Production Forestry in Riparian Zones: Examples from Brazil, USA, Germany and Australia
Philip Smethurst - 2004
I visited Brazil, USA and Germany to document examples of production forestry being conducted in riparian zones or stream side reserves, particularly in cleared agricultural landscapes.
In Brazil, stream side reserves have been declared for all rural lands and have been implemented in the forested landscape already, but the agricultural landscape is in desperate need of such measures. Because harvesting is forbidden in such reserves, one perverse outcome is already evident, i.e. harvesting of non-native eucalypts is not allowed, yet it would probably be economic and environmentally favourable in many instances. Such regulations also discourage riparian forestry in the agricultural landscape, despite its potentially favourable impact on water quality.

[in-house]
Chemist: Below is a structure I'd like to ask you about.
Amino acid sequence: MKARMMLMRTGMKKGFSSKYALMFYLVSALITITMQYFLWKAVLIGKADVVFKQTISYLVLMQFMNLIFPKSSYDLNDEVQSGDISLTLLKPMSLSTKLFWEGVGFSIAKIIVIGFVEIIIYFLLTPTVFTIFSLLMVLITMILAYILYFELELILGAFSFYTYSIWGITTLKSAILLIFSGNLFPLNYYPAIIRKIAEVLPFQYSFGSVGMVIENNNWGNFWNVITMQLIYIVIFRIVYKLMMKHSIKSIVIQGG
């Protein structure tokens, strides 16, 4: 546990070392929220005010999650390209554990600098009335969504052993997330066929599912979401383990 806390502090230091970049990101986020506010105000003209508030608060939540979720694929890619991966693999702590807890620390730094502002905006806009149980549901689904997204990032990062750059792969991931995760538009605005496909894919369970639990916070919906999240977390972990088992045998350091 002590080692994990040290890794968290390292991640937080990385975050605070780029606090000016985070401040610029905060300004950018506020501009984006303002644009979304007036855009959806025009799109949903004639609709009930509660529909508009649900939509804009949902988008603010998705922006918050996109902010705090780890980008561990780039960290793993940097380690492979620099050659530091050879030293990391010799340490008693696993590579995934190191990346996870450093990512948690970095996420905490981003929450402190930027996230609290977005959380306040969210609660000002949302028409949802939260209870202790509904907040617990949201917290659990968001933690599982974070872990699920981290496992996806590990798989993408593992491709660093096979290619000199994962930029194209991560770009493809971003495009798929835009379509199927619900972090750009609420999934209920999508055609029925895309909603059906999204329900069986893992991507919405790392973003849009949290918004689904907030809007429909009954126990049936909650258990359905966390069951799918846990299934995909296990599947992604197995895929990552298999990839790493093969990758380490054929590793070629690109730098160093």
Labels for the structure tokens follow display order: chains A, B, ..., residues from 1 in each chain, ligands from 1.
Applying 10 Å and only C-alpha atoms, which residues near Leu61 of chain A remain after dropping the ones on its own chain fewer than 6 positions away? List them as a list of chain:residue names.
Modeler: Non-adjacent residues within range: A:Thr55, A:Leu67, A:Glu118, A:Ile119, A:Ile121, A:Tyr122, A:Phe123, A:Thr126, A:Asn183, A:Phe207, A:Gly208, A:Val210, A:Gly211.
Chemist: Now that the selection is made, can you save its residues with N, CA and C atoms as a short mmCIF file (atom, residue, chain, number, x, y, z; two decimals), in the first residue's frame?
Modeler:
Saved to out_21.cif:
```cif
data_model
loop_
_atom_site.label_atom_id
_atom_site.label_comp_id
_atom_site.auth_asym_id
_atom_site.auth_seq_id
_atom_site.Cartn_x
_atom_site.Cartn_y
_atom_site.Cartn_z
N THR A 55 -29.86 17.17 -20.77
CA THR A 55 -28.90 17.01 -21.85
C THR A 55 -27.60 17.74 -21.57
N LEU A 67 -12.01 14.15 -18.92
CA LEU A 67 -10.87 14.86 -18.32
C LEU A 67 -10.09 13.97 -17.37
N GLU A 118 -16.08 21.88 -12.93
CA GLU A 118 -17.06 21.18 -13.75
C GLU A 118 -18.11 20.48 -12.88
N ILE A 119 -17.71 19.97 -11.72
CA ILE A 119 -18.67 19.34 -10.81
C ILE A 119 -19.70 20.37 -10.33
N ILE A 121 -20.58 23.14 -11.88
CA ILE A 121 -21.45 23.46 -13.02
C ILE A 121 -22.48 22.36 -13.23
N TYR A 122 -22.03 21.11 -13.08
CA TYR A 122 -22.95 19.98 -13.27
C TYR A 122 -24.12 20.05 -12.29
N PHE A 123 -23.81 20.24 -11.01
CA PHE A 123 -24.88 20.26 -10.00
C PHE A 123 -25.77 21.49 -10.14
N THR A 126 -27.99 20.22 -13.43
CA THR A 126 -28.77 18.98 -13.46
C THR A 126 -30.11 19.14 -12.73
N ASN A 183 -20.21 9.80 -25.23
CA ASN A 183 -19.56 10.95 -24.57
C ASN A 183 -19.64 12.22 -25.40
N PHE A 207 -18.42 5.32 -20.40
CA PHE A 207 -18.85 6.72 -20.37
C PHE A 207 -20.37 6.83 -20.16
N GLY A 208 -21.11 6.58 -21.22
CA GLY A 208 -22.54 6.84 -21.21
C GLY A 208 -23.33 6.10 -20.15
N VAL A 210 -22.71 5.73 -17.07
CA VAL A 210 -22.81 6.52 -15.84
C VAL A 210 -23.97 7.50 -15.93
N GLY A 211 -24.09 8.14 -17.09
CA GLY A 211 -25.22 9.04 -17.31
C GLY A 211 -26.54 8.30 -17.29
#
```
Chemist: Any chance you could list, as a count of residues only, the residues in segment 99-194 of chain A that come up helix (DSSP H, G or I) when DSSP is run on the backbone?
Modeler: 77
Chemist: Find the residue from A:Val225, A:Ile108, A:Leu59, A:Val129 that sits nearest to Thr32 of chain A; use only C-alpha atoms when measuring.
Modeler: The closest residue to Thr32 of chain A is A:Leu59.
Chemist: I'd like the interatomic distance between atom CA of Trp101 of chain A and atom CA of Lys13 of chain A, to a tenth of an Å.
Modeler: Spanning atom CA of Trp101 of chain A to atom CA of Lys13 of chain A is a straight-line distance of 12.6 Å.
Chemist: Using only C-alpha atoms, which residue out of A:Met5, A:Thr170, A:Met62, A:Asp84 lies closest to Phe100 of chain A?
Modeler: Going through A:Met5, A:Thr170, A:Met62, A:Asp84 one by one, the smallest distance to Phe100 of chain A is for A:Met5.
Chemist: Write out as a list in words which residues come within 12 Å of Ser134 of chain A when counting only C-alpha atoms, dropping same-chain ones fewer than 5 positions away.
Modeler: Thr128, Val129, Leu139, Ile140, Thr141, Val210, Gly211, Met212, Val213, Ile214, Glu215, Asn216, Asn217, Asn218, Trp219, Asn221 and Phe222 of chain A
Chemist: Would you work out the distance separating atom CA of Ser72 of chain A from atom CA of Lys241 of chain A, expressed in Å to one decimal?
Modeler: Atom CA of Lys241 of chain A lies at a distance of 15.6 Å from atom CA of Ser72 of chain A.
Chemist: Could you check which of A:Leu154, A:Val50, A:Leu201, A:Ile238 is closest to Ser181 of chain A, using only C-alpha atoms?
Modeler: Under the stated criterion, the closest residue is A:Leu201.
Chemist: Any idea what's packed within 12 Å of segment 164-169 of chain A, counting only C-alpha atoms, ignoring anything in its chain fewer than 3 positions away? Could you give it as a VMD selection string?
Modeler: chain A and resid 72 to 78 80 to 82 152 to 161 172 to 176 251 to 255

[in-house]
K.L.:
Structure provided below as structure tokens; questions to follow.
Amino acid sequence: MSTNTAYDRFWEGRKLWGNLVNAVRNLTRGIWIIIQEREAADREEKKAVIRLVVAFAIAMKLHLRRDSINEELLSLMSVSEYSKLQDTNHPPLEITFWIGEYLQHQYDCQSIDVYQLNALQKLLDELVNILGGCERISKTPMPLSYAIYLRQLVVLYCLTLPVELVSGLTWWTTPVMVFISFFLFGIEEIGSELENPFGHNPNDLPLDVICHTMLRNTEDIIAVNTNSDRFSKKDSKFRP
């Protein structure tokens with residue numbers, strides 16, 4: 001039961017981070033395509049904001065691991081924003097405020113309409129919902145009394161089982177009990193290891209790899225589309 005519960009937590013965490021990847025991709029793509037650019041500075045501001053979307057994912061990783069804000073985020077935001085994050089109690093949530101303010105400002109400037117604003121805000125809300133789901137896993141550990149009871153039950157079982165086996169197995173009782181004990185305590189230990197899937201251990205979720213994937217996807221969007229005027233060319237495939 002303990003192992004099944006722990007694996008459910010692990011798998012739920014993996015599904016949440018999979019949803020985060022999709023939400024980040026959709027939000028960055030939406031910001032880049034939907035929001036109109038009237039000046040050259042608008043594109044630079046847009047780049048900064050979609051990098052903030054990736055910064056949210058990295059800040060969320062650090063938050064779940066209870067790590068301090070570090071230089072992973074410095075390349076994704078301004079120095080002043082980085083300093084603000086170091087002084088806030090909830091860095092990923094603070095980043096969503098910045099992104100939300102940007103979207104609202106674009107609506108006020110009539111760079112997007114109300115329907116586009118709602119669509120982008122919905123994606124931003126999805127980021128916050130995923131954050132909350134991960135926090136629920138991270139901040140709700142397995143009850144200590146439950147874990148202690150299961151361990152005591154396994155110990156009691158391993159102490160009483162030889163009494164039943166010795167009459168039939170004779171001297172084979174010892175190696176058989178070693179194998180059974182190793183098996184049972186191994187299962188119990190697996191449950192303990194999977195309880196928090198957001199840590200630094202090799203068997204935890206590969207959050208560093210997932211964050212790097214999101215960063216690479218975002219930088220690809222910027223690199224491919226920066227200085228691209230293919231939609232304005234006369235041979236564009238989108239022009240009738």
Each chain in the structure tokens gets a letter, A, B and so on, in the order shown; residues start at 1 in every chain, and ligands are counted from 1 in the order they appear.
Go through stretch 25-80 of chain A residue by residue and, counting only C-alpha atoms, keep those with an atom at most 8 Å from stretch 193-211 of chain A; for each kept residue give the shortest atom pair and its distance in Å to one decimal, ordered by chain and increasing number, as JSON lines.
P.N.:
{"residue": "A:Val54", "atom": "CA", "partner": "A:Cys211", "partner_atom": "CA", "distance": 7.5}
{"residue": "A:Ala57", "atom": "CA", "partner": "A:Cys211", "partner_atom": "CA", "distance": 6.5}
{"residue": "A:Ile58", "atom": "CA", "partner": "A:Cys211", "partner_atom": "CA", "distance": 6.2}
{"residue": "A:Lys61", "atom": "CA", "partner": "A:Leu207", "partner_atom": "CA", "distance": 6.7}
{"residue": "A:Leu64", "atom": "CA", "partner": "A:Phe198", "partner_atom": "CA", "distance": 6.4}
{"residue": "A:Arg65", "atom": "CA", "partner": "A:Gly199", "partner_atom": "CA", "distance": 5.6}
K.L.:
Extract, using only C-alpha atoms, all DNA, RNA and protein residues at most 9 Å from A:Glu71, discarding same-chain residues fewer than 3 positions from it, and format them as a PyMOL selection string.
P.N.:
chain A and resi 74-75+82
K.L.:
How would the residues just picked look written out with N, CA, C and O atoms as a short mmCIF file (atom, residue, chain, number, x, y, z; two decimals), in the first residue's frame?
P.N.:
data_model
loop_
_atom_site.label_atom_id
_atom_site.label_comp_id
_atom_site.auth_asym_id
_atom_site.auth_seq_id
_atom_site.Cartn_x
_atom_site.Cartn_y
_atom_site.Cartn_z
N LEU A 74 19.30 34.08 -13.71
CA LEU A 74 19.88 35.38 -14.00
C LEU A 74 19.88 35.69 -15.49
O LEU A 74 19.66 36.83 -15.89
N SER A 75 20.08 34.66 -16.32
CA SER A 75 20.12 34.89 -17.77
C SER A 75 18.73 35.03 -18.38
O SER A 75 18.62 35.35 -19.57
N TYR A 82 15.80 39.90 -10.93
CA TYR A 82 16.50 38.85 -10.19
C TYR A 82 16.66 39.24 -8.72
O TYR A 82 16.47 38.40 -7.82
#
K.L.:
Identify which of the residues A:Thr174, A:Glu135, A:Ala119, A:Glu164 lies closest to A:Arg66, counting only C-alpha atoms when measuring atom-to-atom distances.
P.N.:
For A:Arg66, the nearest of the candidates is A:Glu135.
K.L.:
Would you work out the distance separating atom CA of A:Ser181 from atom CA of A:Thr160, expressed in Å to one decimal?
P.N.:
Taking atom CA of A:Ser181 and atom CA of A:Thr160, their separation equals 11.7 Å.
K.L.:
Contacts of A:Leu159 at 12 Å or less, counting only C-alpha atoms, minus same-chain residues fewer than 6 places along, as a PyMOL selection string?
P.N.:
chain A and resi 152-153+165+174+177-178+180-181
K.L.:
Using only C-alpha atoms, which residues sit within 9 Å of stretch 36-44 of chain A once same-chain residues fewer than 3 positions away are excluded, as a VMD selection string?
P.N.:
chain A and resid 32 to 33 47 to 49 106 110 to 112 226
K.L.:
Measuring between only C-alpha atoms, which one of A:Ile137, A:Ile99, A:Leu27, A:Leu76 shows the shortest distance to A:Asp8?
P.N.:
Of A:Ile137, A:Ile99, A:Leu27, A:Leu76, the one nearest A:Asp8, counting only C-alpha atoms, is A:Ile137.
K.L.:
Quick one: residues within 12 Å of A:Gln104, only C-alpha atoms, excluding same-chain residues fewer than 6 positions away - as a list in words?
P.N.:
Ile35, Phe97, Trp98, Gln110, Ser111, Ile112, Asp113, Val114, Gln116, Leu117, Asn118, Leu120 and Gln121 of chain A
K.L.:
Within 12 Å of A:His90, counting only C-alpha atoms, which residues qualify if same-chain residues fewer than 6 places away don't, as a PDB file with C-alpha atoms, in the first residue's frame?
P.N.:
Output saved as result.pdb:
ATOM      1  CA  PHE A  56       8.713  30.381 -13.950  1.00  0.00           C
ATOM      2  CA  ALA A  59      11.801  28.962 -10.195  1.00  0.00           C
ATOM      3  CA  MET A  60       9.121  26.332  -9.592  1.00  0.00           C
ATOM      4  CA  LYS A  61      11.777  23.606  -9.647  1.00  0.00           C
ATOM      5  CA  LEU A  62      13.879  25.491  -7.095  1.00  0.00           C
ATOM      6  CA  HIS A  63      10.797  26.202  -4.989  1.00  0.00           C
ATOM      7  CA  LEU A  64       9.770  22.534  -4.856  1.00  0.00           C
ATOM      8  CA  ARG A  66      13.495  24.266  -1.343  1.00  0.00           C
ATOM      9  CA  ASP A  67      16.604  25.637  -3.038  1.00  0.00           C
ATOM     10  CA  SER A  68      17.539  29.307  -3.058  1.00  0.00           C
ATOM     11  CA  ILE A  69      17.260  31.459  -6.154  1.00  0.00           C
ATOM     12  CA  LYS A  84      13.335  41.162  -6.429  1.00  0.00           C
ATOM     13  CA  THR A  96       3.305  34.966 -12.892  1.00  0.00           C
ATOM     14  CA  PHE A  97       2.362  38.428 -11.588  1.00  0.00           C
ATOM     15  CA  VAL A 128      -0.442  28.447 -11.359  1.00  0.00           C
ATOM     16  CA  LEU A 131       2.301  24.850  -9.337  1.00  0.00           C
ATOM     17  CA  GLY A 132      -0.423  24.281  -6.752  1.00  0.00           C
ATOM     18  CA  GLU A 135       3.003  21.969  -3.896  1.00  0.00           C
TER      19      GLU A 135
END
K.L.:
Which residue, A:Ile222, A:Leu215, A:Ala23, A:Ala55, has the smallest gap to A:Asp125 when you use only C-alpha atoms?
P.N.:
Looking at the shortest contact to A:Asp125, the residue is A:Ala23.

In the US and Germany, active management of riparian zones is taken for granted, albeit with special care for soil and water values. There are many examples from both countries of wood production from riparian zones while soil and water values are protected. Such practices include a range of silvicultural practices, including cultivation, weed control, fertilization, pruning, thinning and harvesting.
Riparian forestry in the agricultural landscape in these two continents is likely to increase during the next decade as regulatory measures are taken to improve water quality and other aspects of stream ecosystems, e.g. as required by the EU Water Framework Directive.
In Victoria, Australia, there is already an excellent example of riparian forestry, but it is unclear why such practices are not adopted more widely by other farmers in that state.
In several other Australian states, riparian forestry in the agricultural landscape is likely to enhance environmental outcomes, but the codes of forest practice need to be revised to encourage this activity.